Lamma ferry disaster
A boat owned by Hongkong Electric carrying more than 100 staff workers and their family members collided with a ferry in waters off Lamma Island at about 8.20pm on October 1, 2012. More than 100 passengers on the boat fell into the water. Thirty-nine people were confirmed dead after the accident. This is the deadliest boat accident in Hong Kong in 40 years.
Lamma IV passed marine department safety test despite inaccurate data
Evidence reveals the ill-fated Lamma IV passed a government safety test despite its manufacturer submitting inaccurate figures
The ill-fated Lamma IV ferry passed the government's safety test after its manufacturer submitted data from an inaccurate layout plan that showed six watertight compartments at the vessel's lower deck, rather than the actual five.
The evidence - which emerged yesterday at a commission of inquiry into the ferry's October 1 sinking - contradicted what Ken Lo Ngok-yang, the director of Cheoy Lee Shipyards, said last Friday, that there was never meant to be a watertight bulkhead between the steering gear compartment and the tank room.The inquiry heard yesterday that the Cheoy Lee's naval architect at the time, Cheung Fook-chor, who has since retired, mistakenly assumed the bulkhead needed to be watertight, fed incorrect data into a computer programme and prepared the Damage Stability Information approved by the Marine Department in 1996.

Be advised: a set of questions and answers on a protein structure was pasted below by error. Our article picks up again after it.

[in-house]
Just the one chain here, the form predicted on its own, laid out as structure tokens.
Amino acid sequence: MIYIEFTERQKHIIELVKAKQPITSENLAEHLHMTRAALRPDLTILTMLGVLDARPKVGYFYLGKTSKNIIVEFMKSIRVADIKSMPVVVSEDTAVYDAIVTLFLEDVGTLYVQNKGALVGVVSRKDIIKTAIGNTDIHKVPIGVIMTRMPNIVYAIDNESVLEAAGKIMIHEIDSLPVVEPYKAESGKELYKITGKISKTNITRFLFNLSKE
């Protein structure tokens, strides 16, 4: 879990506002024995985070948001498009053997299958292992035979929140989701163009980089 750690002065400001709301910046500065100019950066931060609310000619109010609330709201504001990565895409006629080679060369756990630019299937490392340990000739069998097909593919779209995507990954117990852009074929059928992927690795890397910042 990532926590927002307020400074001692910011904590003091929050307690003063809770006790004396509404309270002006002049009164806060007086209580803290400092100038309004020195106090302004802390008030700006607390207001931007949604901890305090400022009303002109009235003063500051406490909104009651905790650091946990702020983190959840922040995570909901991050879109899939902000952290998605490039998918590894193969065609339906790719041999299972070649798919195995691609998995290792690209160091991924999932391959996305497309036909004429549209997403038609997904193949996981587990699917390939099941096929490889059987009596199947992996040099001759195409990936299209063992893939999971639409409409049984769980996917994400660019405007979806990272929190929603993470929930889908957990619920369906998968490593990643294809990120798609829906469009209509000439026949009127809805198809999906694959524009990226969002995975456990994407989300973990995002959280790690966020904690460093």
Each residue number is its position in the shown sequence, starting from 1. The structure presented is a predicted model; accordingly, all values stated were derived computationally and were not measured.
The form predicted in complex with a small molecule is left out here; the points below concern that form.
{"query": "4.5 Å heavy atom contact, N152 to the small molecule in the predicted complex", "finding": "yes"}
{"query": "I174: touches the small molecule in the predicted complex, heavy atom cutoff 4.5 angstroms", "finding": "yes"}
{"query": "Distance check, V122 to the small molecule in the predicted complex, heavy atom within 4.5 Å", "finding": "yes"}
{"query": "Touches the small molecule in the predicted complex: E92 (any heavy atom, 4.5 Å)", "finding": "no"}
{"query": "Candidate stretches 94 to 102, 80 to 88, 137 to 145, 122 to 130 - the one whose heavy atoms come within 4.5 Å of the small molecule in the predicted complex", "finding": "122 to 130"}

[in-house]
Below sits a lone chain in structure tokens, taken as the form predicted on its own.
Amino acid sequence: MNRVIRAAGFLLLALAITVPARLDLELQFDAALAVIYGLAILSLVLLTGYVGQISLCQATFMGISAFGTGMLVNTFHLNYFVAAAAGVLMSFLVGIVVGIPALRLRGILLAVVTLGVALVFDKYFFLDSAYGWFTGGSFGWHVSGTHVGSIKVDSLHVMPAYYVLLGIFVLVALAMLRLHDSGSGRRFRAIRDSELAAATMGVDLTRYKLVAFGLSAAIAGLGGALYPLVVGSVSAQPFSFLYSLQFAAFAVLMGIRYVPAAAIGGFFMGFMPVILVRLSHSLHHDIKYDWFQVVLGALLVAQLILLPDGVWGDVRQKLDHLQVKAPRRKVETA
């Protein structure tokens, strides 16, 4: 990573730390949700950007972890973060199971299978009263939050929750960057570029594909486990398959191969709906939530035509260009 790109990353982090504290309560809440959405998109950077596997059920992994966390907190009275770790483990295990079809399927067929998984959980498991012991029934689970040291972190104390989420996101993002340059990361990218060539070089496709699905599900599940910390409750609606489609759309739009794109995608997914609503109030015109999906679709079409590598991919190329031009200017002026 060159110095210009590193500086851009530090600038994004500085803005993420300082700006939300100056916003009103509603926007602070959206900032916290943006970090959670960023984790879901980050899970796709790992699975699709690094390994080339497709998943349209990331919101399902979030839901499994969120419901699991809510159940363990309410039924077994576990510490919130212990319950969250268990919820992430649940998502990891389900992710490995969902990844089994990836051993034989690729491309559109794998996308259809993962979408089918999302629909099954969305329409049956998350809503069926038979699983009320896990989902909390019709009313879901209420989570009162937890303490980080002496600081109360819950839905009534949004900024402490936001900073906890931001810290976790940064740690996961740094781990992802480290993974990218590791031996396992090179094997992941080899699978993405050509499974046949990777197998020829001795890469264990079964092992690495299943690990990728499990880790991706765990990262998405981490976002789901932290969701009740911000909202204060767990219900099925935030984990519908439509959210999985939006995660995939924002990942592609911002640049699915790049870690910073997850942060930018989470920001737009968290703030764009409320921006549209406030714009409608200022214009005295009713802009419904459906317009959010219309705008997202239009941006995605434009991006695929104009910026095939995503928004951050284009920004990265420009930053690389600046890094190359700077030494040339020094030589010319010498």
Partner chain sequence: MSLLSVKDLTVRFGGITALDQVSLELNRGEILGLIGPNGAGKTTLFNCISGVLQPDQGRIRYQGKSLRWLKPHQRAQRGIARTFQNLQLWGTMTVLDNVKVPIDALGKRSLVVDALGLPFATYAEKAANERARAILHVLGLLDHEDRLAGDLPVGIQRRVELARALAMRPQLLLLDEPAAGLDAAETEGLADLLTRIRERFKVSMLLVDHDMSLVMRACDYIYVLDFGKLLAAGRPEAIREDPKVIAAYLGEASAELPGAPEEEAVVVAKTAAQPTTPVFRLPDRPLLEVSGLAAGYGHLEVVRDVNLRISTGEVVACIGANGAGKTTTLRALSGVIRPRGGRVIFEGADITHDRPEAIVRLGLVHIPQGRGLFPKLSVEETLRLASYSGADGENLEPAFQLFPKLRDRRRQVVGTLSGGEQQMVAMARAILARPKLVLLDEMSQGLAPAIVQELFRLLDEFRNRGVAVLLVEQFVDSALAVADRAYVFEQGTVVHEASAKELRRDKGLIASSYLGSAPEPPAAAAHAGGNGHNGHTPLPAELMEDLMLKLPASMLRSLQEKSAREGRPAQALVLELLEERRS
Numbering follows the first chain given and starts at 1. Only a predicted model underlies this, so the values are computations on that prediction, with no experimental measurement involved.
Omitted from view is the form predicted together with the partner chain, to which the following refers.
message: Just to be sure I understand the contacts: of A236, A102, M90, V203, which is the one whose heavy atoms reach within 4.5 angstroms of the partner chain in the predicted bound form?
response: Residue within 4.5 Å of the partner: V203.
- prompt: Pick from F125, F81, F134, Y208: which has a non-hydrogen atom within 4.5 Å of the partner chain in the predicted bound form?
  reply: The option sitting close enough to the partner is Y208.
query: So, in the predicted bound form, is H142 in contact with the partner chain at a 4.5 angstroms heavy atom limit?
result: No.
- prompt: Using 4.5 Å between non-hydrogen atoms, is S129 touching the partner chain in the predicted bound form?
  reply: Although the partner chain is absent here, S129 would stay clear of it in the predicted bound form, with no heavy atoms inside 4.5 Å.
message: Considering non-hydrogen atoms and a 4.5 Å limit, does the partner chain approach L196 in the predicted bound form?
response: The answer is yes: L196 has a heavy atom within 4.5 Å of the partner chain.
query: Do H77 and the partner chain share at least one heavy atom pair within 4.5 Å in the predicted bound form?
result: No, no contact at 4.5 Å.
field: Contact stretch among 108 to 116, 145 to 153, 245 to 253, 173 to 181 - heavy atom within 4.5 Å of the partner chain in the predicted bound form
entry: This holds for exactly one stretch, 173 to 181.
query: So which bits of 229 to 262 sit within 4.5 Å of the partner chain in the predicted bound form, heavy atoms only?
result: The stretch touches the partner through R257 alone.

Lo also admitted that "the mistake" was carried over onto two subsequent stability reports when lead ballasts were added to the aft of the hull in 1998. The same ballast was then raised by 10 inches in 2005 without anyone questioning it, including the Marine Department inspectors.
The commission-appointed naval architect, Dr Anthony Armstrong, earlier said that a missing watertight door had led to the flooding of three compartments and contributed to the speedy sinking of the ship.
But Lo insisted that the ferry, with only four watertight bulkheads at the lower deck, would survive the damages and would not sink even when water seeped into the steering gear compartment and the tank room.
But calculations made by an independent naval architect appointed by the Department of Justice showed that the Lamma IV would sink when its last three compartments were flooded, given an 8.25-tonne ballast installed in 1998 at the ship's rear.
Lo also told the inquiry he was not sure whether Hongkong Electric, which owned the passenger launch, knew there was a reduction from six watertight compartments at the lower deck, as stated in the contract.
"They could be verbally told ... because they have their engineers or marine officers periodically checking the construction of the ship," he said. "There's no record of it."
Lo also admitted that there was a certain ambiguity concerning whether or not the bulkhead should be watertight.
But he had no idea if the Wuzhou Shipyard in China, which constructed the ferry, had requested clarifications, as he "was not the person overseeing the construction" at the shipyard.
Meanwhile, John Lim, director of Naval-Consult which designed the ferry, told the inquiry it was a mistake by the draftsman to call the bulkhead watertight in some drawings. "This could be the result of him modifying existing drawings from a previously built vessel [Eastern District No1]," he said, adding that the draftsman had left the company.
The inquiry continues today.